Incentives matter in immigration, even when children are involved

website-daca.png

(This column originally appeared in the Toronto Sun)

By: Candice Malcolm

President Donald Trump made a splash this week with his decision to rescind DACA – the Deferred Action on Childhood Arrivals program.

DACA was a temporary measure, introduced by former President Barack Obama in 2012 to provide short-term protection for illegal immigrants who came to the country before their sixteenth birthday.

It’s Congress’s job, not the President’s, to pass legislation. But when the Democrat’s failed to pass an amnesty bill, Obama stepped in with a fix that many experts said was unconstitutional.

This week, Trump announced that Congress had six months to turn DACA into a permanent law.

He didn’t revoke any visas or schedule any deportations. He simply called on Congress to do its job and pass new legislation to replace Obama’s temporary edict.

Not surprisingly, Trump’s decision was met with fierce criticism – protests, name-calling and all the hysteria that has become typical of a Trump policy announcement.

The outpouring of anger towards Trump, and support for these childhood arrivals, spilled across the Canadian border too.

An Ontario college announced a special scholarship for students affected by the DACA changes, and independent Liberal Senator Ratna Omidvar called on the Trudeau government to welcome 30,000 to 40,000 of these illegal immigrants into Canada.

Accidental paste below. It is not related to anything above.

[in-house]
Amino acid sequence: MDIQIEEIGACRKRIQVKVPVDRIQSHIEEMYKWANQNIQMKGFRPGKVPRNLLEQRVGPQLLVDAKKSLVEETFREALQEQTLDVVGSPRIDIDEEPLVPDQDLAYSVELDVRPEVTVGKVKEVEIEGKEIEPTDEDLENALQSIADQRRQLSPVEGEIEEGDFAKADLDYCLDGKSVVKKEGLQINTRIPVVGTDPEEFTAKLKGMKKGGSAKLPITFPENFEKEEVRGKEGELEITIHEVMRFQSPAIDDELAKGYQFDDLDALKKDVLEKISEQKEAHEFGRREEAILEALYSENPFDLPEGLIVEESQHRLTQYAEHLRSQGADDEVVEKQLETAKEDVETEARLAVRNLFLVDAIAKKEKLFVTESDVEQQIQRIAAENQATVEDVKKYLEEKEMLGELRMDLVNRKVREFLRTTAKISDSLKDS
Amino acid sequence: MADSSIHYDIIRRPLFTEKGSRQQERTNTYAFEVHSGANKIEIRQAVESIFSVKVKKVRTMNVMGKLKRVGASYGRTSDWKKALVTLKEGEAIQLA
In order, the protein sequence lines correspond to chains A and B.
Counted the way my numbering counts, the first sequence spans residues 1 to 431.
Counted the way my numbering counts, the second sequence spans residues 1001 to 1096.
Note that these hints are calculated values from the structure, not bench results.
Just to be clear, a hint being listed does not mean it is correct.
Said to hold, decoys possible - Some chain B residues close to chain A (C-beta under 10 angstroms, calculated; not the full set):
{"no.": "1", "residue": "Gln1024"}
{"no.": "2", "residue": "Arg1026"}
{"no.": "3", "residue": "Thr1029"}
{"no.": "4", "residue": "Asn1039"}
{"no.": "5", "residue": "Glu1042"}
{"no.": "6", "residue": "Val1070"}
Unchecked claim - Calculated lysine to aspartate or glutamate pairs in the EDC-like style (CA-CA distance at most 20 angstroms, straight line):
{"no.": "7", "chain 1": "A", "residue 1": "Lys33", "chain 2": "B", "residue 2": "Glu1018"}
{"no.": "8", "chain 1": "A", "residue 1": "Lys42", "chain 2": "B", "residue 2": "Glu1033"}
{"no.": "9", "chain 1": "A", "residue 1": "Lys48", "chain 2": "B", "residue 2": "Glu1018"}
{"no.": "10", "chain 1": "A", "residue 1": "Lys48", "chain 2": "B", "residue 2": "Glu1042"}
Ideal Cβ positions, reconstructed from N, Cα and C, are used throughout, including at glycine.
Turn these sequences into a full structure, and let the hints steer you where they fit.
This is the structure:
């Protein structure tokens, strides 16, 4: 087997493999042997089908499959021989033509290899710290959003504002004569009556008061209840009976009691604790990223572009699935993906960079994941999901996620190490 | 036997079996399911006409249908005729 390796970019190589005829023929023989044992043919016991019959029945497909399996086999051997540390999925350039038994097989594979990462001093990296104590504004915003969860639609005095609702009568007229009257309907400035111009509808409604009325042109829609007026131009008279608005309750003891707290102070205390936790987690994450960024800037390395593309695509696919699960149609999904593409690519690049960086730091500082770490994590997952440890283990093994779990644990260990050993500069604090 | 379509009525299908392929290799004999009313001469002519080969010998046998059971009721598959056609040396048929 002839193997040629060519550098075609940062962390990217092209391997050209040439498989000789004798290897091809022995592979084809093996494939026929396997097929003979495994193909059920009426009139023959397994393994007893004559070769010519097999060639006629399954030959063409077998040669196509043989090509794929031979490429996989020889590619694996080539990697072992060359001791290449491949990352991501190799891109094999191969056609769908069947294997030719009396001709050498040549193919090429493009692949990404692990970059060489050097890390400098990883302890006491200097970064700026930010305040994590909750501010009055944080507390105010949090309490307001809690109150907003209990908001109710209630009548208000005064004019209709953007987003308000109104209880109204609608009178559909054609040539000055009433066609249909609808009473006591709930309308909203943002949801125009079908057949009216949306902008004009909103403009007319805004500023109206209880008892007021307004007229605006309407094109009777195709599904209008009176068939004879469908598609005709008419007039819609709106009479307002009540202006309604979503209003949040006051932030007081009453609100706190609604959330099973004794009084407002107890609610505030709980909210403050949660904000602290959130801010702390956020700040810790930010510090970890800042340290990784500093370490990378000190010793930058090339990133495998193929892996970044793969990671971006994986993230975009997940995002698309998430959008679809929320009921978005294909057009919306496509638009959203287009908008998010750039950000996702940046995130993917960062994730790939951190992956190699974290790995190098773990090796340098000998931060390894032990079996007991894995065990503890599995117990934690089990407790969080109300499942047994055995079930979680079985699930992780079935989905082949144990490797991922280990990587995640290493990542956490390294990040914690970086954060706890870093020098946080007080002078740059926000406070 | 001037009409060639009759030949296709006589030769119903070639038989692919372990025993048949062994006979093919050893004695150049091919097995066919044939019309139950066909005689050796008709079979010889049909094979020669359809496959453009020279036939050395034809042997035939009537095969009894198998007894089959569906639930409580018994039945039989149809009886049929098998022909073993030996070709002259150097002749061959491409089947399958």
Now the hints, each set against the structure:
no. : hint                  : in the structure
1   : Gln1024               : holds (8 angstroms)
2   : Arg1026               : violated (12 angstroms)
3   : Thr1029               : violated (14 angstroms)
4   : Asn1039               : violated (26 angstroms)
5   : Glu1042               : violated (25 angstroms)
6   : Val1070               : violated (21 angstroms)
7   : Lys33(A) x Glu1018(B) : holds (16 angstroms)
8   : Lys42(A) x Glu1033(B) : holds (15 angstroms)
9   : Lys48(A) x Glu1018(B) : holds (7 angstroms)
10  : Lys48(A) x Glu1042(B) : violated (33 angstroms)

But those looking for the moral high-ground compared to our American neighbours may be surprised to learn that Canada routinely deports children brought to the country illegally.

Recall last fall when the scandal broke that Minister Maryam Monsef was born in Iran, not Afghanistan as she had claimed. Monsef, who came to Canada as a child, revealed that her passport contained false information – drawing into question the possibility of citizenship fraud.

The punishment could have been severe: citizenship revocation and deportation without a trial. This happens all the time. When parents illegally bring children into Canada, those children get deported.

Why does Canada punish children for the crimes committed by parents? Because we apply and enforce the law equally.

Imagine two men who both come to Canada illegally, were both caught by CBSA and ordered to be deported. Should they be treated differently if one brought a child along?

In the eyes of the Canadian immigration system, the answer is no. The last thing we want is to create incentives for people to break the law – and to use children as their accessories.

Or think of the recent surge of asylum seekers from Haiti. Based on historical figures, more than half of those claims will be rejected and these migrants will be deported.

Would Canadian advocates for DACA support the idea that Haitian families automatically get to stay? If you bring kids along for the ride, you get special status and special treatment by the immigration system?

Unfortunately, this is exactly what has happened south of the border.

Not surprisingly, after Obama signed his DACA law, scores of unaccompanied minors began showing up at the southern border. Orchestrated by human smugglers, upwards of 60,000 youngsters arrived illegally in 2014 alone.

Many of these children were...(READ MORE)